Like gin and tonic and fish and chips, mistletoe and wine have become a quintessentially British pairing – thanks, in no small part, to Cliff Richard’s Christmas hit of the same name. But while no holiday season is complete without Richard’s song of goodwill, Mistletoe And Wine was originally written with a far more cynical message in mind.
“It’s about a girl dying”
Mistletoe And Wine was originally written for a musical adaptation of Hans Christian Andersen’s The Little Match Girl, set in Victorian London and staged at the Orange Tree Theatre, in Richmond, London, in December 1977. While working up the script for what they were then calling Scraps, writers Jeremy Paul, Leslie Stewart and Keith Strachan decided the show needed a song that would expose the hypocrisy of the story’s middle-class characters; Mistletoe And Wine was originally sung during a scene in which The Little Match Girl was thrown out into the snow while carollers singing of festive cheer left her to perish.
Calling Mistletoe And Wine “a socialist Christmas song”, Strachan has said: “The sentiment of the song was meant to be that people don’t care about the poor… It was a song about the middle-class’ lack of concern.”
Stewart put it bluntly: “It’s not a happy Christmas song, it’s about a girl dying.”
Almost a decade after Scraps was performed, the stage musical was itself adapted and renamed The Little Match Girl for a British TV production that aired in 1986. Starring The Who’s frontman, Roger Daltrey, and 60s model Twiggy – who, as a pub mistress, performed a ribald version of Mistletoe And Wine – the production also brought the song to Cliff Richard’s attention.
“It was a pub song”
Strachan had written Mistletoe And Wine relatively easily. While taking his dog for a walk one day, the lines “A time for giving/A time for getting/A time for forgiving/And for forgetting” just came to him. “That was it! That was the song,” he later recalled.
Rushing home to capture his idea, Strachan finished the song off on the piano in half an hour. Later, with the TV adaptation in the works, the writers sent “a more poppy demo”, sung by Jeremy Paul’s 12-year-old daughter, to Cliff Richard in the hopes that he would record it.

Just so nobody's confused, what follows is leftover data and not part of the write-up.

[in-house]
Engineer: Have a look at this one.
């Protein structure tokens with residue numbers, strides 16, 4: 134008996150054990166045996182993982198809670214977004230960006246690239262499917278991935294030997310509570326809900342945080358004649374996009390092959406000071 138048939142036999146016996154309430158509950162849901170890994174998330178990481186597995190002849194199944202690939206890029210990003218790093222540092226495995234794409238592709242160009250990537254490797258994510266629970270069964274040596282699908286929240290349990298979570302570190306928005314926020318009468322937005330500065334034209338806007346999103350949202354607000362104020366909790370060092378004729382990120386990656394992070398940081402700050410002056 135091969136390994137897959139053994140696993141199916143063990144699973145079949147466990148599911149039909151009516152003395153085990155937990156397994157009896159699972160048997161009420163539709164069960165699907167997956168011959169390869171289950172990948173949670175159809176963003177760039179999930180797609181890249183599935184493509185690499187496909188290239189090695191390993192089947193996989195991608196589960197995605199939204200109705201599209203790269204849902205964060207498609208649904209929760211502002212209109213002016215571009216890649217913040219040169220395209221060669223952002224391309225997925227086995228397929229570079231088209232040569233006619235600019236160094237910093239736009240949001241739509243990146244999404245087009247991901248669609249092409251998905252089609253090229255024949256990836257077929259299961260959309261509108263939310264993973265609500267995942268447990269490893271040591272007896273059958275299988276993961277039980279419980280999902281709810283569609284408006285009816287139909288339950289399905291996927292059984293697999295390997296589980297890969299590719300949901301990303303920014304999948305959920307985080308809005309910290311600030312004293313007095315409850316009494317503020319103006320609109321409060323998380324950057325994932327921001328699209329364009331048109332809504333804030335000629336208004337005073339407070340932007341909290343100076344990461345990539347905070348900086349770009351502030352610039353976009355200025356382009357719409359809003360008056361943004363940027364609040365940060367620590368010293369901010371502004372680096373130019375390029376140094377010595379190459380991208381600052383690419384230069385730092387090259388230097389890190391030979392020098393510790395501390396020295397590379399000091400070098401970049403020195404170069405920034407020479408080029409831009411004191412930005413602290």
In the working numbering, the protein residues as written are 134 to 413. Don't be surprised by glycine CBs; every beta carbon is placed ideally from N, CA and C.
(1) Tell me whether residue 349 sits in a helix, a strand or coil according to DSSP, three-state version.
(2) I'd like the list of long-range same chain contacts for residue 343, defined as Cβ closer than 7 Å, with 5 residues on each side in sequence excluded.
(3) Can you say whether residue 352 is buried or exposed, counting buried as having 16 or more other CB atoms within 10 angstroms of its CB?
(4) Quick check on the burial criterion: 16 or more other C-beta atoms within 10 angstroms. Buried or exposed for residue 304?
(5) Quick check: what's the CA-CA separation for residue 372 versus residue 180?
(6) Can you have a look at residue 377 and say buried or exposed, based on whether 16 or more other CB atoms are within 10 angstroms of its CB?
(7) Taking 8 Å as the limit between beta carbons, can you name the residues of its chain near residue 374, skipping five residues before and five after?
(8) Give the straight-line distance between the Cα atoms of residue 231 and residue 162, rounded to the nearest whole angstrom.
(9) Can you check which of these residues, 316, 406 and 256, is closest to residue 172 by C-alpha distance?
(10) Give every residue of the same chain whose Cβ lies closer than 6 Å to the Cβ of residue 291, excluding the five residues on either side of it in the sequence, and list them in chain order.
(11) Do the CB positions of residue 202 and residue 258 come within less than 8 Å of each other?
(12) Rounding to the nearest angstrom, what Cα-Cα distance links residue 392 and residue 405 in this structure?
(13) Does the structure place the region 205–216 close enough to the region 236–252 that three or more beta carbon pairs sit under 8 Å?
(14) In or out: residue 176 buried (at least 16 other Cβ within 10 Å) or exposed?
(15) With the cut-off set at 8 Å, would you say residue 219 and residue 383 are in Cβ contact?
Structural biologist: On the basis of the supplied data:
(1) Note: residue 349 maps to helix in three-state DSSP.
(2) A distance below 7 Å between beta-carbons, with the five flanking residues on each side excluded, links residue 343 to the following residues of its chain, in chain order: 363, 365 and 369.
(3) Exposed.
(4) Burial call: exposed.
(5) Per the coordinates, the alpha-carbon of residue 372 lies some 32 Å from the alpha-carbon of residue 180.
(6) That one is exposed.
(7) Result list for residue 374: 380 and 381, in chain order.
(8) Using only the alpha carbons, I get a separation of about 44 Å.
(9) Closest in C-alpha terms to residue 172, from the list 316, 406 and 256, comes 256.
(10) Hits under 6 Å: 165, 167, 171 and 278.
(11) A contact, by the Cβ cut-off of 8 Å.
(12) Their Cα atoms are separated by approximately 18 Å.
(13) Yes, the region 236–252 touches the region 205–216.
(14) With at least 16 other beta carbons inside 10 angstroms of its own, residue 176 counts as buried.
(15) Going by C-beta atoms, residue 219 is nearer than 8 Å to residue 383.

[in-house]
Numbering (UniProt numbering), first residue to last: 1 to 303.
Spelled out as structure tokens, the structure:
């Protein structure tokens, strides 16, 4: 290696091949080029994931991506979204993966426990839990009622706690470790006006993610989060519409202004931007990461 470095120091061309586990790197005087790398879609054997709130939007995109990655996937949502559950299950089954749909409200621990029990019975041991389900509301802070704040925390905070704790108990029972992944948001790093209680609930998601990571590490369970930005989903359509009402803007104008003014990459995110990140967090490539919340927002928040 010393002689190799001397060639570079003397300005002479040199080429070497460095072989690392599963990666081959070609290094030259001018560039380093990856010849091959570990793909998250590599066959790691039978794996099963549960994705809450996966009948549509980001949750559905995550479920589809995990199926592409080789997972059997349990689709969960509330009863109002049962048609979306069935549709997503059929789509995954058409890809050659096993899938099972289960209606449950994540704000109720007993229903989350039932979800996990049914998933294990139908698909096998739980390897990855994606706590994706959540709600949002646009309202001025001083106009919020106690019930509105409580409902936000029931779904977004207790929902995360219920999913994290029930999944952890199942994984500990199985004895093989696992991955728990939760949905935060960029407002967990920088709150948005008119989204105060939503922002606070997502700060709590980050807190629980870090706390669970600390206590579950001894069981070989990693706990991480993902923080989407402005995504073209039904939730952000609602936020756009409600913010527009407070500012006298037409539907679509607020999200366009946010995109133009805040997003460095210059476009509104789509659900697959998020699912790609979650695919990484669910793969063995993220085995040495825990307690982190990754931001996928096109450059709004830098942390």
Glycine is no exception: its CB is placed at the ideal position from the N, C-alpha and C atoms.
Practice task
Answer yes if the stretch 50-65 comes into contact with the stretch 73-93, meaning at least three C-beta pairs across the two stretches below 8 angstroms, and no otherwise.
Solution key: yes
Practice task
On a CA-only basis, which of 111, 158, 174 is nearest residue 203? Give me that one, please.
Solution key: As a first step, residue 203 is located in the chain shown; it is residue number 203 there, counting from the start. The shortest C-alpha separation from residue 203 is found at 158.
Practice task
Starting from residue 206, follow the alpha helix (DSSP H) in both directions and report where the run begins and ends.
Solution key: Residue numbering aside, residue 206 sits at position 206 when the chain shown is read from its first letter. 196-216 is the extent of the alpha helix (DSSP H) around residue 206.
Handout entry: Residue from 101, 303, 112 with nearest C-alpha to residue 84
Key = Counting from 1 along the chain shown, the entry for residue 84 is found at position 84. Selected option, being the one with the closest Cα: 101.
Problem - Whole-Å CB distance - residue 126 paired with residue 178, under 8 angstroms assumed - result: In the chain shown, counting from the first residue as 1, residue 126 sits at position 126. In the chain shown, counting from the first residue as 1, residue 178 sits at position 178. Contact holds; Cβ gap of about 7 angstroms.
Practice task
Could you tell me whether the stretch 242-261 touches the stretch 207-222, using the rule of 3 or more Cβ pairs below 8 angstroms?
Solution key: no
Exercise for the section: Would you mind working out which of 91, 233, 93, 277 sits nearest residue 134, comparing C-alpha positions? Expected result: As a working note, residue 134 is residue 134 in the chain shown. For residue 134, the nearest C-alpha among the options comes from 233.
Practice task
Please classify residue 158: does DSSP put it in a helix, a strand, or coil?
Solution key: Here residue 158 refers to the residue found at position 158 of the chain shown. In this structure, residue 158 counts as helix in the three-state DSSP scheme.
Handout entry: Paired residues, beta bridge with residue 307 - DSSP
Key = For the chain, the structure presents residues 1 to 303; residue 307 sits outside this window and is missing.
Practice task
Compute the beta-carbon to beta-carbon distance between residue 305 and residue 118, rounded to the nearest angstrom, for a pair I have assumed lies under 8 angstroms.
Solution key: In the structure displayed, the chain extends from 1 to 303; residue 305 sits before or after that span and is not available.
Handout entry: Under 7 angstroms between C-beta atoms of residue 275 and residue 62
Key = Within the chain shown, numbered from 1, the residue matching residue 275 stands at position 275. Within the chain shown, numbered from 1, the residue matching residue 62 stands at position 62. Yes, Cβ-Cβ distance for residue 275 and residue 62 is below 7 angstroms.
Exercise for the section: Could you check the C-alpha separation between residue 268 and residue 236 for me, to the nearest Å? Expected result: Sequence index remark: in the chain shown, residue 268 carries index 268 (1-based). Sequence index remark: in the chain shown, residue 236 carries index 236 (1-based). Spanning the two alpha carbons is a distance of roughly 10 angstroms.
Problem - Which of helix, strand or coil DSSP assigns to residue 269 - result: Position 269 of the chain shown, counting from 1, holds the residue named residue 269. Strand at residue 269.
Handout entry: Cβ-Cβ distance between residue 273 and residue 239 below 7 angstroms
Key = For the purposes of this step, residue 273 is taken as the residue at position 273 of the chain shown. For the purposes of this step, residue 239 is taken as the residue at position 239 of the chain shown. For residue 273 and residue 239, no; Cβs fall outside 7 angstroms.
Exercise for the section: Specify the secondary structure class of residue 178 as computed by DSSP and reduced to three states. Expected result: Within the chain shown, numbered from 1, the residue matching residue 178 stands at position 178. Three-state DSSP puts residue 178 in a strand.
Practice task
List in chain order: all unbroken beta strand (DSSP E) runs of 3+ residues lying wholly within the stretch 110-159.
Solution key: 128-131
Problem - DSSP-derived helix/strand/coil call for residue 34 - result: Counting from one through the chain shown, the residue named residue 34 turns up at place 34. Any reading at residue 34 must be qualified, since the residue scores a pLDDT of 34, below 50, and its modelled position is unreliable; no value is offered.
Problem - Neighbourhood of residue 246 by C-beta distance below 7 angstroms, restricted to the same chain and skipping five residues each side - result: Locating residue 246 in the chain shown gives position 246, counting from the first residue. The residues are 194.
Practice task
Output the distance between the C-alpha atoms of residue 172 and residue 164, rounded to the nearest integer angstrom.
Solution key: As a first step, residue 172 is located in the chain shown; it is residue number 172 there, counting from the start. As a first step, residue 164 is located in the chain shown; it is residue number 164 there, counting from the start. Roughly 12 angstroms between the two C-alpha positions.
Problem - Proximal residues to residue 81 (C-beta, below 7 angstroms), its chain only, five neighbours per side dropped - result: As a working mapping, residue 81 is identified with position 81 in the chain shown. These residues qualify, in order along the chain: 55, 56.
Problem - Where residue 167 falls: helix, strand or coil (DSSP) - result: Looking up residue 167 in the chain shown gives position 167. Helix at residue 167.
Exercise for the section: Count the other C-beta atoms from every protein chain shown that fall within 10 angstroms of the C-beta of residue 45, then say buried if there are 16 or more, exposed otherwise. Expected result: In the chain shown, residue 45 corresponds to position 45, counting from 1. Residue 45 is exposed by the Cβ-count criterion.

“It was a pub song,” Richard recalled to the BBC. “The lyrics were all about a smoke and a laugh and a joke, and I asked my manager, ‘Do you think they’d mind if I change the lyrics?’”
Having already been turned down by Irish crooner Van Doonican and English actor Dennis Waterman – an unlikely choice of singer better known for his hard-man role in gritty 70s crime drama The Sweeney – the songwriters were happy to encourage Richard’s interest, and agreed to let him make some changes.
“I wanted to bring it back to the spiritual aspect”
The version of Mistletoe And Wine that Cliff Richard recorded in July 1988, in a studio in Wimbledon, in the south-west of London – strung up with tinsel to help get him into the mood – featured new lyrics that the singer penned not only in order to better capture the Christmas spirit, but to reflect the holiday season’s original meaning.
“I just felt that I wanted to bring back the spiritual aspect of Christmas,” Richard told the BBC. “Slade did some fabulously festive hits, but they weren’t actually about Christmas… As soon as I added those lyrics, that made it a Christmas song.”
Released on 21 November 1988 – as, astoundingly, his 99th single – Richard’s version of Mistletoe And Wine topped the UK charts within six weeks, claiming that year’s Christmas No.1 spot (while earning Richard his 12th chart-topper in the process). A seasonal phenomenon, it not only became the best-selling song of 1988, but, selling 750,000 copies, it became the third-best-selling single of the entire 80s. “I thought it might be a big hit,” Richard said, with no small understatement. “For me, a big hit is to be in the top five.”
“He made it his song”
Now firmly established as one of the best Christmas songs of all time, Mistletoe And Wine paved the way for Cliff Richard to score further seasonal successes, ensuring that his name will forever be linked to the Christmas season. In 1990, Richard released Saviour’s Day, which again topped the UK charts over Christmas, making him one of just a handful of artists, alongside The Beatles and Spice Girls, to have scored more than one Christmas No.1 hit with different songs (if you add I Love You, his 1960 Christmas hit with The Shadows, to the mix, he’s scored a hat trick). Sir Cliff bookended the decade with 1999’s Millennium Prayer, a recording of The Lord’s Prayer set to the tune of Auld Lang Syne, which once again took him to the top spot.
Mistletoe And Wine itself has, inevitably, enjoyed a successful afterlife. Weihnachtszeit – Mistletoe And Wine, a German-English duet with Schlager singer Claudia Jung, was released in Germany in 1996, but Richard’s original 1988 version is the one that keeps returning, re-entering the charts in 2007, 2018 and 2019.
Cliff Richard didn’t ask for a writing credit for his lyric changes – nor, at a time for giving, did he accept any royalties on the song. Mistletoe And Wine’s original writers reaped the rewards, however, with Leslie Stewart scoring himself a five-bedroom house in Canterbury from the proceeds, and the writers – and Richard – earning themselves Ivor Novello Awards for Best Selling A-Side.
Though, in songwriter Leslie Stewart’s words, Mistletoe And Wine “was never written as a one-off, but as part of a musical”, he also observed that Richard “made it his song”.
Over three decades later, Mistletoe And Wine has become a gift for everyone.
For the perfect gift for any Cliff fan this Christmas, Saviour’s Day / Mistletoe & Wine 7″ Picture Disk
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